Between holiday parties, family dinners, visitors, sweets, anticipation and travel, December can be full of excitement and joy. It’s also a common time for children’s sleep to get off track. Here are some tips to help you maintain your sanity throughout the season and to get better sleep.
- Try to keep to your child’s schedule as much as possible. Maintaining naps and bedtime is ideal. If your child gets overtired from missing a nap or going to bed too late, it may make it harder to fall asleep and stay asleep through the night until morning. Many children will wake up earlier if they are overtired at bedtime.
- Catch up the next day. It may be impossible to keep to your schedule through the holidays. If you get off track consider giving your child an extra nap the next day. If little Ava wakes up extra early you might try a short cat nap in the morning when she is tired. A 10-30 minute cat nap at 7-8am might be just enough to ensure she is not overtired at her regular nap time and make sure that her last nap doesn’t end too early in the afternoon. At the end of the day if she is not going to make it to bedtime you can try a cat nap between 4 and 4:30pm or an earlier bedtime.
- Naps on the go. If you are out and about during the day, do what you can to maintain naps. If Billy is not awake too long during the day and sleeps for at least 45 minutes at a time, even if it is in the car, stroller, sling or swing then he is more likely to sleep well at night.
- Maintain your bedtime rituals. With all the excitement, bedtime routines are more important than ever. Make sure you take the time to connect with your child, relax yourself, and download that calm and peace into your child. Your bedtime rituals will give your child a feeling that all is safe and wonderful in his world so she can rest and let sleep happen.
- Create a Sleep Sanctuary. If you are sleeping away from home do what you can to create a familiar sleep environment for your child. If your child sleeps in a dark room with white noise at home, don’t forget some garbage bags for the windows and a sound therapy machine or download. You can also bring along a pair of unwashed sheets, comfy pajamas and a favourite blanket or stuffed animal, so your child’s borrowed bed smells, feels, sounds and looks like home.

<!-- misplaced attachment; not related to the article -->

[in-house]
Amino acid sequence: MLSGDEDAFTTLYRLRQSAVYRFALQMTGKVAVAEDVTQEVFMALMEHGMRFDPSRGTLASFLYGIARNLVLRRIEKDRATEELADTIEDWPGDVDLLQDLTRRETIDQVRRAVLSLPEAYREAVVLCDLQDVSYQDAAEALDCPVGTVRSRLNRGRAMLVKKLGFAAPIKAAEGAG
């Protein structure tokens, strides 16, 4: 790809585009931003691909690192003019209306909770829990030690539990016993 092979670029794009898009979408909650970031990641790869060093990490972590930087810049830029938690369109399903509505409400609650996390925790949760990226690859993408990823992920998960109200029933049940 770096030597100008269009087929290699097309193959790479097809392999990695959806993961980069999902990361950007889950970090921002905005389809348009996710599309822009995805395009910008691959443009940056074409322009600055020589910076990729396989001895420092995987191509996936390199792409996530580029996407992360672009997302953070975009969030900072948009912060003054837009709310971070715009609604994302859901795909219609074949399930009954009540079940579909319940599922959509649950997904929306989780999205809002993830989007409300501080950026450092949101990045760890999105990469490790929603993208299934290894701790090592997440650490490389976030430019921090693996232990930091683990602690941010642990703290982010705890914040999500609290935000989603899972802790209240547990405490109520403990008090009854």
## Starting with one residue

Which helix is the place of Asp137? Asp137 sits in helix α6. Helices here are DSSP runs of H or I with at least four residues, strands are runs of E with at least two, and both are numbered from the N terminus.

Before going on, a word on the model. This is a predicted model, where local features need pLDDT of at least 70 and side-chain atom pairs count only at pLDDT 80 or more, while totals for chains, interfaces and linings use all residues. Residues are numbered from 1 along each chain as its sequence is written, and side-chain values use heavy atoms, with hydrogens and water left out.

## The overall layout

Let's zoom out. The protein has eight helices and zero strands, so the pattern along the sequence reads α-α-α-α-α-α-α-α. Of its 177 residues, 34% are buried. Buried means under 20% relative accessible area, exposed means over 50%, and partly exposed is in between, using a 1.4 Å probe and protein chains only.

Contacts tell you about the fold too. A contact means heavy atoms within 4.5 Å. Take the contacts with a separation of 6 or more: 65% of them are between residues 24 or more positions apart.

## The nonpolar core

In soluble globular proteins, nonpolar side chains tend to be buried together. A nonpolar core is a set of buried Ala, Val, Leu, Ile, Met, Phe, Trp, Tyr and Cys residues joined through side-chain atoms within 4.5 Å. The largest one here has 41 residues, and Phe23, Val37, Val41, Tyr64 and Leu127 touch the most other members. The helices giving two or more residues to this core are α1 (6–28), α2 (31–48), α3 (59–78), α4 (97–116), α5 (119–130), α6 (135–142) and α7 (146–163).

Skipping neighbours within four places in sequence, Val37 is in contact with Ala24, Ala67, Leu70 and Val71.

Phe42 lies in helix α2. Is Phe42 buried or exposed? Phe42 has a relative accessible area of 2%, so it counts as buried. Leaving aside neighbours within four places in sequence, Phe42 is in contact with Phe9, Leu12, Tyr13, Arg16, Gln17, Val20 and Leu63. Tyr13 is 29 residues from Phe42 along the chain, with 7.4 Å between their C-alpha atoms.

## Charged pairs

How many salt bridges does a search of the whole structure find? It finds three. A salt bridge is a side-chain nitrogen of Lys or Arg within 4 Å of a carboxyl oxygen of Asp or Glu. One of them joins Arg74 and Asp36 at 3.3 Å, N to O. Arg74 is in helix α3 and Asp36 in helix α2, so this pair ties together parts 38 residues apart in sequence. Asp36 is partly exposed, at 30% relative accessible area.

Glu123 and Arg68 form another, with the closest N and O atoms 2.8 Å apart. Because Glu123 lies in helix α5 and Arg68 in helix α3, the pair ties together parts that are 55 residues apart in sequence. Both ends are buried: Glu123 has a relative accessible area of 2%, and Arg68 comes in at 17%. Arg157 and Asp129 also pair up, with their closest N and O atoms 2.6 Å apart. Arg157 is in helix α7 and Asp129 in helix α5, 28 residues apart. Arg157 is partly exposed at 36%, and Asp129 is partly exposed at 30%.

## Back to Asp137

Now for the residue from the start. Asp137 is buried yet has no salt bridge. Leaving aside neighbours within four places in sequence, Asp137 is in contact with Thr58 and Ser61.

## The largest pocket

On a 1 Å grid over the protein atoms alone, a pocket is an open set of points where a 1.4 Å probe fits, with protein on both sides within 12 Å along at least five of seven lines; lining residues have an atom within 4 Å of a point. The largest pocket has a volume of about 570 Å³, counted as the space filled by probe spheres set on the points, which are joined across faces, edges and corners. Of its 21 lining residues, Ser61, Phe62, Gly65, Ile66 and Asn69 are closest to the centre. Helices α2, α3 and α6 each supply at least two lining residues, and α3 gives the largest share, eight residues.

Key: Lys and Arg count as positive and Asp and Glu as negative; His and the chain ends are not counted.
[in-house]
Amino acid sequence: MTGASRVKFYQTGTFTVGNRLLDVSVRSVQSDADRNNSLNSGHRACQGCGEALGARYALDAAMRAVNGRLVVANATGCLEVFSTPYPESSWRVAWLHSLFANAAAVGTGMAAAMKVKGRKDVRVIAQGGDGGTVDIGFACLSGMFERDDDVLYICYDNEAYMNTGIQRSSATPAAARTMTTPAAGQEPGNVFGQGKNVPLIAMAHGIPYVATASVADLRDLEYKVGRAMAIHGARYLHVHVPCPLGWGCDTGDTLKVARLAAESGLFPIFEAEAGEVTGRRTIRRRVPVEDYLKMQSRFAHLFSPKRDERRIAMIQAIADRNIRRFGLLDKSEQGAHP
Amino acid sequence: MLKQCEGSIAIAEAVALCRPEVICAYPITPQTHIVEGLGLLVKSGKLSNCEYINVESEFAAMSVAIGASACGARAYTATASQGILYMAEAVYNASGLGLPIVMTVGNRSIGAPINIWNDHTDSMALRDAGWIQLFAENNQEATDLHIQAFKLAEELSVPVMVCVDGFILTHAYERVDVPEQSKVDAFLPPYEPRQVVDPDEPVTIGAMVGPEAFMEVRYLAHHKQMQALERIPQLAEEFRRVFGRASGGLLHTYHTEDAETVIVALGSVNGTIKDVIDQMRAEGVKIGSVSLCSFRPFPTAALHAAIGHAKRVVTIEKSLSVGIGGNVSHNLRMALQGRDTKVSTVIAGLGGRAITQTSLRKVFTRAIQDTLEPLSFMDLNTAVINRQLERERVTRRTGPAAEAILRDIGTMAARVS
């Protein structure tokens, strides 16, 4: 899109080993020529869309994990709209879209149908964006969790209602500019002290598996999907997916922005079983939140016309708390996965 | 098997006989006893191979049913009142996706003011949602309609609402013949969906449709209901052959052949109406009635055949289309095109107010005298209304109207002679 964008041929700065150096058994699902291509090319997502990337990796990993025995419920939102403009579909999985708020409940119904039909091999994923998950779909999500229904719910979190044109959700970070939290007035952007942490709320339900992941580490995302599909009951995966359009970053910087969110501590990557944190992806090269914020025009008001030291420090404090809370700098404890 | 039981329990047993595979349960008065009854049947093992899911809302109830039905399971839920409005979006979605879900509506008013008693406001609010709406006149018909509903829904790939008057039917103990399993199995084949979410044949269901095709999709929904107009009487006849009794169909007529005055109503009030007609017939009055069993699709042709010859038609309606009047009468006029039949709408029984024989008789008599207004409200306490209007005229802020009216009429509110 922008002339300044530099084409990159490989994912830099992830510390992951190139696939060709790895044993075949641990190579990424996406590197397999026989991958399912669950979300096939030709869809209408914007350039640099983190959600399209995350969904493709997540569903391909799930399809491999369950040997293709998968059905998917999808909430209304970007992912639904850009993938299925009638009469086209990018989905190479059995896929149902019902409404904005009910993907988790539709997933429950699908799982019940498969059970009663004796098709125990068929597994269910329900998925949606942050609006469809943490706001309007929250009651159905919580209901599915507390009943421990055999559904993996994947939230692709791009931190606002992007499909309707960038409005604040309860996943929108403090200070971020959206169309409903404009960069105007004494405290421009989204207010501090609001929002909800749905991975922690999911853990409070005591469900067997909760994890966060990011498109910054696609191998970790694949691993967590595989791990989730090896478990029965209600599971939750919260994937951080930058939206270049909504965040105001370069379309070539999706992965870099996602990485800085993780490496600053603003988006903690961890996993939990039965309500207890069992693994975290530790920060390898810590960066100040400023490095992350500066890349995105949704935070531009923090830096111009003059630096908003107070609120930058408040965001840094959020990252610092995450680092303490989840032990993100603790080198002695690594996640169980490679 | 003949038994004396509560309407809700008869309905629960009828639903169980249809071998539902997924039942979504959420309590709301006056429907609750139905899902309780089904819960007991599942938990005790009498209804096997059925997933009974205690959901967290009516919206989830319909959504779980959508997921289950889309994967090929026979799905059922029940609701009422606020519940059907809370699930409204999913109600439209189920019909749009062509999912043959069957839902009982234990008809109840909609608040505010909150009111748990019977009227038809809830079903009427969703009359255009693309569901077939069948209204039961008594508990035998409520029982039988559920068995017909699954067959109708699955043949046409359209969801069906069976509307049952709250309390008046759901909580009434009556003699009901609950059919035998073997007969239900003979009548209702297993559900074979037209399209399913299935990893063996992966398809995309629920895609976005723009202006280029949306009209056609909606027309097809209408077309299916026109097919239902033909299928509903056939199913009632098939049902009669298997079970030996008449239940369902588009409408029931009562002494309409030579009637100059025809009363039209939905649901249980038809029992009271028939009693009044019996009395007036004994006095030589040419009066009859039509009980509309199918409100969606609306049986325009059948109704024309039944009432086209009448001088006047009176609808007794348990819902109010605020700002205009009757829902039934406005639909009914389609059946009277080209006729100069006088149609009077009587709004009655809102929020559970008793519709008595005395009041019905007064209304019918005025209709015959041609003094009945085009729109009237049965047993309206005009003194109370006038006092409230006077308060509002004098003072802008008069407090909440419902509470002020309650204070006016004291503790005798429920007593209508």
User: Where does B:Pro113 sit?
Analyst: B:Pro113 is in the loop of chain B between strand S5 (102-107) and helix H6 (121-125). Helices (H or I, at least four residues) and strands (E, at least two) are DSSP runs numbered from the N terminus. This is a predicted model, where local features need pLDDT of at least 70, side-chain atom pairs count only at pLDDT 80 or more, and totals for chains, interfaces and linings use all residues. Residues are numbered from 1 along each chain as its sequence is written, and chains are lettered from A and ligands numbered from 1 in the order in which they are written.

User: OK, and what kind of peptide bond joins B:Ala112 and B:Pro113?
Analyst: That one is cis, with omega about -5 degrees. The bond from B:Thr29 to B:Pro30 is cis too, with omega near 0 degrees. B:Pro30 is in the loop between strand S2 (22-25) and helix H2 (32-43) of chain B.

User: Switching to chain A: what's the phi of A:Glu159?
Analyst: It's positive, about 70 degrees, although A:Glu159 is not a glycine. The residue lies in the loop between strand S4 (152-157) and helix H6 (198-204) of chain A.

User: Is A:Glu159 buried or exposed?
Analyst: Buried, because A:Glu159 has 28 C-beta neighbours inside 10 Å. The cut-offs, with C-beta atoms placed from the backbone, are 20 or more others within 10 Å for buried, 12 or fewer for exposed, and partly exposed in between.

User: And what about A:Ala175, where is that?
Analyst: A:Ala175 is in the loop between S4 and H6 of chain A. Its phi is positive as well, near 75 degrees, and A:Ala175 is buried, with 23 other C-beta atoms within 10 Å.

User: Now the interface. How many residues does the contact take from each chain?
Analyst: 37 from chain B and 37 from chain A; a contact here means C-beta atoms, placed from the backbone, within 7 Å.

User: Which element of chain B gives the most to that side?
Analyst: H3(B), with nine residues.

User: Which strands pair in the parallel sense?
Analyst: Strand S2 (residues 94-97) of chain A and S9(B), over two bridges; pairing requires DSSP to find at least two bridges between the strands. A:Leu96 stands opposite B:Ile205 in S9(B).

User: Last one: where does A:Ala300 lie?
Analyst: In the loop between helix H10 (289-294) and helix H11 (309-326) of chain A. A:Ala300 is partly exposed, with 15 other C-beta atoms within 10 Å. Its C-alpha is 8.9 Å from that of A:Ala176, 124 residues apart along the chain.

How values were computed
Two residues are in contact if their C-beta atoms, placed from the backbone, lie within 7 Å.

- Give yourself a break. Sleeping away from home can be challenging and you may find yourself needing to make concessions in order to maximize sleep for yourself and all the others within ear shot. Try to avoid introducing old habits and adding additional feeds at night that were not previously needed so it will be easier to get back on track when you return home. Try to comfort your child in his/her bed first or try moving the crib up against your bed and lying beside him before resorting to co-sleeping if it is not in your long term plans.
- Getting back on track once home. If you do get off track during your trip, try to get back on track as soon as you can once you are home. You may need to re-teach your child to sleep. The sooner you get back on track the more likely your child will remember the sleep habits they had before they left. Sometimes children will fall right back into routines when they get home. If this doesn’t happen then you might need to implement a sleep coaching plan. It’s important to have a sleep plan that encompasses basic sleep steps, tools for success and a coaching method that you are comfortable with. If you previously used a sleep plan you can start back with night 1. Often recoaching is shorter than initial sleep coaching. Feel free to contact us if you need some support with this.
We wish you a Merry Christmas and wonderful holiday season full of joy and love!